To further prove white inferiority, Half Arrow derides the Bible as proof that whites have no instinctive morality; they must learn right from wrong by "the cumbersome labor of reading." To Half Arrow, the idea of writing God's word is unthinkable. He boasts that Indians know what is good and what is bad without having to rely on anything but themselves.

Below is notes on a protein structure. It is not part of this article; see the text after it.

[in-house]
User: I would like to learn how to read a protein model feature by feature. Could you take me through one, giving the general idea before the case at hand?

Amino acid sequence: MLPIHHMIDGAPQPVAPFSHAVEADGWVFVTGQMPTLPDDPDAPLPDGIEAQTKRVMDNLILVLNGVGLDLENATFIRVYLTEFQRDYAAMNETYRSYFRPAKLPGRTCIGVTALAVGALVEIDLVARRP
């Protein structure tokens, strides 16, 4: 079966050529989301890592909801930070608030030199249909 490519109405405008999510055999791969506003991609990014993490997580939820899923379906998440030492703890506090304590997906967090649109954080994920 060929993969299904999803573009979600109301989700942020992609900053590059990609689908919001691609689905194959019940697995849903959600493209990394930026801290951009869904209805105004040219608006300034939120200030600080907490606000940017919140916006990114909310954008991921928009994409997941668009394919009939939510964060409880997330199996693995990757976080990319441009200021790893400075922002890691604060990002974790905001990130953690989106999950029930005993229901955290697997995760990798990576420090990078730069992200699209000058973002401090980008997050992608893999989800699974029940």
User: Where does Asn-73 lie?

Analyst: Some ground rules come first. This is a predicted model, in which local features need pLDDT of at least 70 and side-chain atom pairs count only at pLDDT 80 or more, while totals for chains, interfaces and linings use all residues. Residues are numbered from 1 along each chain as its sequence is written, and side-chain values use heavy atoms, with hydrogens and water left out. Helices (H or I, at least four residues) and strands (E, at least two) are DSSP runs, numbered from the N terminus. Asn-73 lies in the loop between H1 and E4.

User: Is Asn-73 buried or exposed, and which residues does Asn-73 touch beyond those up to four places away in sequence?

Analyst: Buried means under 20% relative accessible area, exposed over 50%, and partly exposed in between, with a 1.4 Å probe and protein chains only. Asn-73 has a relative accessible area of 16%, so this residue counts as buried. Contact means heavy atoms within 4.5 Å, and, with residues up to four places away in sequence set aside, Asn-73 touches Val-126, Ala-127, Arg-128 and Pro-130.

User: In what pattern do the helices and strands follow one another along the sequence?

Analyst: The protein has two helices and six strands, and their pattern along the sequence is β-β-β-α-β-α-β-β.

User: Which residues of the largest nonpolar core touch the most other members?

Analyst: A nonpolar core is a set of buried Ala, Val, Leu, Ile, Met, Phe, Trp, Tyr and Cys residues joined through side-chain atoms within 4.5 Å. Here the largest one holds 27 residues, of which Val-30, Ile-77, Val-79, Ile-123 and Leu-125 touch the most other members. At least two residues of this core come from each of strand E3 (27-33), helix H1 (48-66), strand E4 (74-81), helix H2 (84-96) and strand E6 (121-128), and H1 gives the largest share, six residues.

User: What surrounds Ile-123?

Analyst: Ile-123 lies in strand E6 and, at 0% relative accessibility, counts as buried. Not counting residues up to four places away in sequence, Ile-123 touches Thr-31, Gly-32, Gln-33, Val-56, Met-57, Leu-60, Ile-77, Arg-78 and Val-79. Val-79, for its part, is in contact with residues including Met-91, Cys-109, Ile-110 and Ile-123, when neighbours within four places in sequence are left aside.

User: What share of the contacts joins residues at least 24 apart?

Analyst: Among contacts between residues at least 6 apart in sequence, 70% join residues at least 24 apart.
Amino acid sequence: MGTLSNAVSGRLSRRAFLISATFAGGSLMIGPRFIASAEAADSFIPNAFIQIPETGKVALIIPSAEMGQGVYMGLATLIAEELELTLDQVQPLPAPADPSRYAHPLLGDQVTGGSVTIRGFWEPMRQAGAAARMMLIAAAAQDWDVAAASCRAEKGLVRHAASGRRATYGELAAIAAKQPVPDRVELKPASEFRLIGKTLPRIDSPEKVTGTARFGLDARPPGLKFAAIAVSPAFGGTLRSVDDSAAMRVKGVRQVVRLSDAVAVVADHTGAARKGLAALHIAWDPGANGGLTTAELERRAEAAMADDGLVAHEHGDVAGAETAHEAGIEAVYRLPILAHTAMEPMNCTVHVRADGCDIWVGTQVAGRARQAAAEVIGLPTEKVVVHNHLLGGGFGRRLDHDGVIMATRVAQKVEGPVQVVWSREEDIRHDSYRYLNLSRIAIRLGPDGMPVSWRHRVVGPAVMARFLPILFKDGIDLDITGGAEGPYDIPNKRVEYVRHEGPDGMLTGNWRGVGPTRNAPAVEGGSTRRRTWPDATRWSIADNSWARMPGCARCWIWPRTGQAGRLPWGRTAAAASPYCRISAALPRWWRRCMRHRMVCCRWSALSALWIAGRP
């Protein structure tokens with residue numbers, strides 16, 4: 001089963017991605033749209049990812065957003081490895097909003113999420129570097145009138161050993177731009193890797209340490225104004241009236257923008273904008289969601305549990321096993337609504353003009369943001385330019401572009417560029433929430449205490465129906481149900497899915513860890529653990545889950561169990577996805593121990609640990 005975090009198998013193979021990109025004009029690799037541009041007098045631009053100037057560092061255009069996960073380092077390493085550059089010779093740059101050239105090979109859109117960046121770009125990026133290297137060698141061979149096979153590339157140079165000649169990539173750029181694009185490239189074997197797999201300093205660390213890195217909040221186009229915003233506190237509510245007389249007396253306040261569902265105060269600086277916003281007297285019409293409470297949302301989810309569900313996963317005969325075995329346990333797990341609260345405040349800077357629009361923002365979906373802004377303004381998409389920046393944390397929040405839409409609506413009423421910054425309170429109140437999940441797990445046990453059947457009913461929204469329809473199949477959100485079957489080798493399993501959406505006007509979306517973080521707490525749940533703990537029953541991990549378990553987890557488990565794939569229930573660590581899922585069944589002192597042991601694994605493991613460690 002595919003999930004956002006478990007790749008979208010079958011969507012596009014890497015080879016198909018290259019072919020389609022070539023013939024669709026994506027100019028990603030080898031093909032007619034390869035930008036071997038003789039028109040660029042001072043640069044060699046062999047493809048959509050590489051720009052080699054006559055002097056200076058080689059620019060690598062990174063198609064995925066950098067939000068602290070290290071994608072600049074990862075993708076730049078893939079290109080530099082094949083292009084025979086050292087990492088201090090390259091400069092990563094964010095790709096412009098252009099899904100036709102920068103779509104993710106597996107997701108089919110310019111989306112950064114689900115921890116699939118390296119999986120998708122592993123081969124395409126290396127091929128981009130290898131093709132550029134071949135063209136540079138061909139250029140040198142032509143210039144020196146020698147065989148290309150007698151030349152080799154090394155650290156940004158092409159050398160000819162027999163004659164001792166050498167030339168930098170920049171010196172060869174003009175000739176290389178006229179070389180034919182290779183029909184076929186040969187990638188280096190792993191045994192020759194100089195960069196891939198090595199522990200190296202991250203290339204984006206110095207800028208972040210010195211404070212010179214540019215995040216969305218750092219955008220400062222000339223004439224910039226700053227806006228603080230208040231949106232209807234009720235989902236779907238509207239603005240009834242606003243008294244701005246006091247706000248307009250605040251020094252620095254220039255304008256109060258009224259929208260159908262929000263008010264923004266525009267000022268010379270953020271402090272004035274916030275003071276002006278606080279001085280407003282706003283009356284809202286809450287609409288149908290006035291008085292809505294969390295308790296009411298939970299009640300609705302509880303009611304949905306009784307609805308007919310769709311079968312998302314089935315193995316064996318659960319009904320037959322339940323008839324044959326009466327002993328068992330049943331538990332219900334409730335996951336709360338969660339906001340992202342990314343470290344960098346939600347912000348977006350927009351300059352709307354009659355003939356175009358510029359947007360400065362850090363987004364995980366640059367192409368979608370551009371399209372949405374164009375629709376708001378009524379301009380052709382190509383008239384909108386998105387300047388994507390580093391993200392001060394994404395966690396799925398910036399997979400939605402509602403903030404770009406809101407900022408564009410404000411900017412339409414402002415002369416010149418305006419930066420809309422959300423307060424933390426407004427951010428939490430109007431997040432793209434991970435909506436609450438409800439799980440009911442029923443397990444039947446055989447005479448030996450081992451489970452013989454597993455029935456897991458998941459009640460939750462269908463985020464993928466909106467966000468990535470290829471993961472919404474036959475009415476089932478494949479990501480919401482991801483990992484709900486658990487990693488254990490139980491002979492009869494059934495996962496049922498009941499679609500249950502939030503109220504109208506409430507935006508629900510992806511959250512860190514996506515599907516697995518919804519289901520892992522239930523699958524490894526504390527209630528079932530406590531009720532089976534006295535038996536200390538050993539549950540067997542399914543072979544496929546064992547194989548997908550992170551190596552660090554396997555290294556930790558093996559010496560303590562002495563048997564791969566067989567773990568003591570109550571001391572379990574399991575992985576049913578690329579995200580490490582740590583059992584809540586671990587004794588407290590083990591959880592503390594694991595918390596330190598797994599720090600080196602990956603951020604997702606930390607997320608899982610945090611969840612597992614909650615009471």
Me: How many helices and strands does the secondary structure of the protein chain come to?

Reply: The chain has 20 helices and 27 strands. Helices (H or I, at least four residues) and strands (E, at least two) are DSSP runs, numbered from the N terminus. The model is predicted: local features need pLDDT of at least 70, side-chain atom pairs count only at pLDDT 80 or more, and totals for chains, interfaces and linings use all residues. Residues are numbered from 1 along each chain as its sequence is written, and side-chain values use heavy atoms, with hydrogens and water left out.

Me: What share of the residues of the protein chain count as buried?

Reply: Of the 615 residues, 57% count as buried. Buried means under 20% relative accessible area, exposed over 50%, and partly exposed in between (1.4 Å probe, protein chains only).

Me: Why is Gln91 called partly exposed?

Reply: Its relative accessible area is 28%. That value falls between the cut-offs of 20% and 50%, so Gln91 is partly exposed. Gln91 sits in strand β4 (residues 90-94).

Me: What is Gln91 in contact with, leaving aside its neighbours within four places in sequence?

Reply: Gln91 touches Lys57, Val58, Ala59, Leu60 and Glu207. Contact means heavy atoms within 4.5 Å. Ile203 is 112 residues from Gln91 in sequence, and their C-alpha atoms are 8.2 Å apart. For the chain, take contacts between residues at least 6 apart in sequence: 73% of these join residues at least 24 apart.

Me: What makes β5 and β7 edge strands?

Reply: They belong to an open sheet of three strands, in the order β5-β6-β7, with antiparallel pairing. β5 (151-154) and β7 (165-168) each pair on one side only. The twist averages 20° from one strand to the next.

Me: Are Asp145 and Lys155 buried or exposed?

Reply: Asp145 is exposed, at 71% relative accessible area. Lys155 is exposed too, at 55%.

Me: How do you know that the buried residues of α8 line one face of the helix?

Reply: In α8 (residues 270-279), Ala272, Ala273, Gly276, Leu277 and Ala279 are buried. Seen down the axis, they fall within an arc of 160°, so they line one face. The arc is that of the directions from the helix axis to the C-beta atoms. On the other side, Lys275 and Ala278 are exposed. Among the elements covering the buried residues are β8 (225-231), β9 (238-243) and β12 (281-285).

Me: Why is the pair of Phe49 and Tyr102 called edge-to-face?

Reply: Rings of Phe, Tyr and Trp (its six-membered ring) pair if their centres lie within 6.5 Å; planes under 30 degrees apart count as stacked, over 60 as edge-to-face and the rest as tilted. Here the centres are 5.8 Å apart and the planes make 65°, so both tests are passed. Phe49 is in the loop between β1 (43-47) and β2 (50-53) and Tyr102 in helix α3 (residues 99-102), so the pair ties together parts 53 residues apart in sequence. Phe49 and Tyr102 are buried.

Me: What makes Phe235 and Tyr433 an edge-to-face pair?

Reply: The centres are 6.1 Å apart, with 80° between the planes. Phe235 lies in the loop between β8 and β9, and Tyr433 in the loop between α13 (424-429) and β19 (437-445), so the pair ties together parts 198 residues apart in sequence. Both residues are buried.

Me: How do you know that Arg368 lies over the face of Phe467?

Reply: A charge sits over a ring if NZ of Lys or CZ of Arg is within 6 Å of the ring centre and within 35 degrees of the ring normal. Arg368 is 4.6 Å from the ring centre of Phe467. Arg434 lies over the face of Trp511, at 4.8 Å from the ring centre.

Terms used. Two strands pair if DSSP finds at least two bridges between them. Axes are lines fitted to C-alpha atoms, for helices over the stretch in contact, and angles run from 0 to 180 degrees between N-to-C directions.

Richter uses the two boys and Little Crane to criticize white ways. The three marvel that white men dishonor trees and seek rich dirt to plow into farmland. They ridicule whites' ineptitude at fire-building and open-hearth cooking. However, what Richter fails to mention is white skills at creating metal cook pots and weapons and making spyglasses, three revolutionary innovations that American aborigines lacked until Europeans brought them to the Western Hemisphere. Later in the novel, Richter uses whites to criticize Indian ways, as when Myra says to True Son/Johnny, "You've had a hard fate, but thank God your life was spared and you're home with us again." Myra implies that the Indian way of life is more difficult, and thus less pleasing, than the white way of life. She fails to see Johnny's robust health and strength as positive signs of the Indian culture. Both sides, then, are prone to highlighting the negative, while refusing to acknowledge the positive aspects of the two cultures.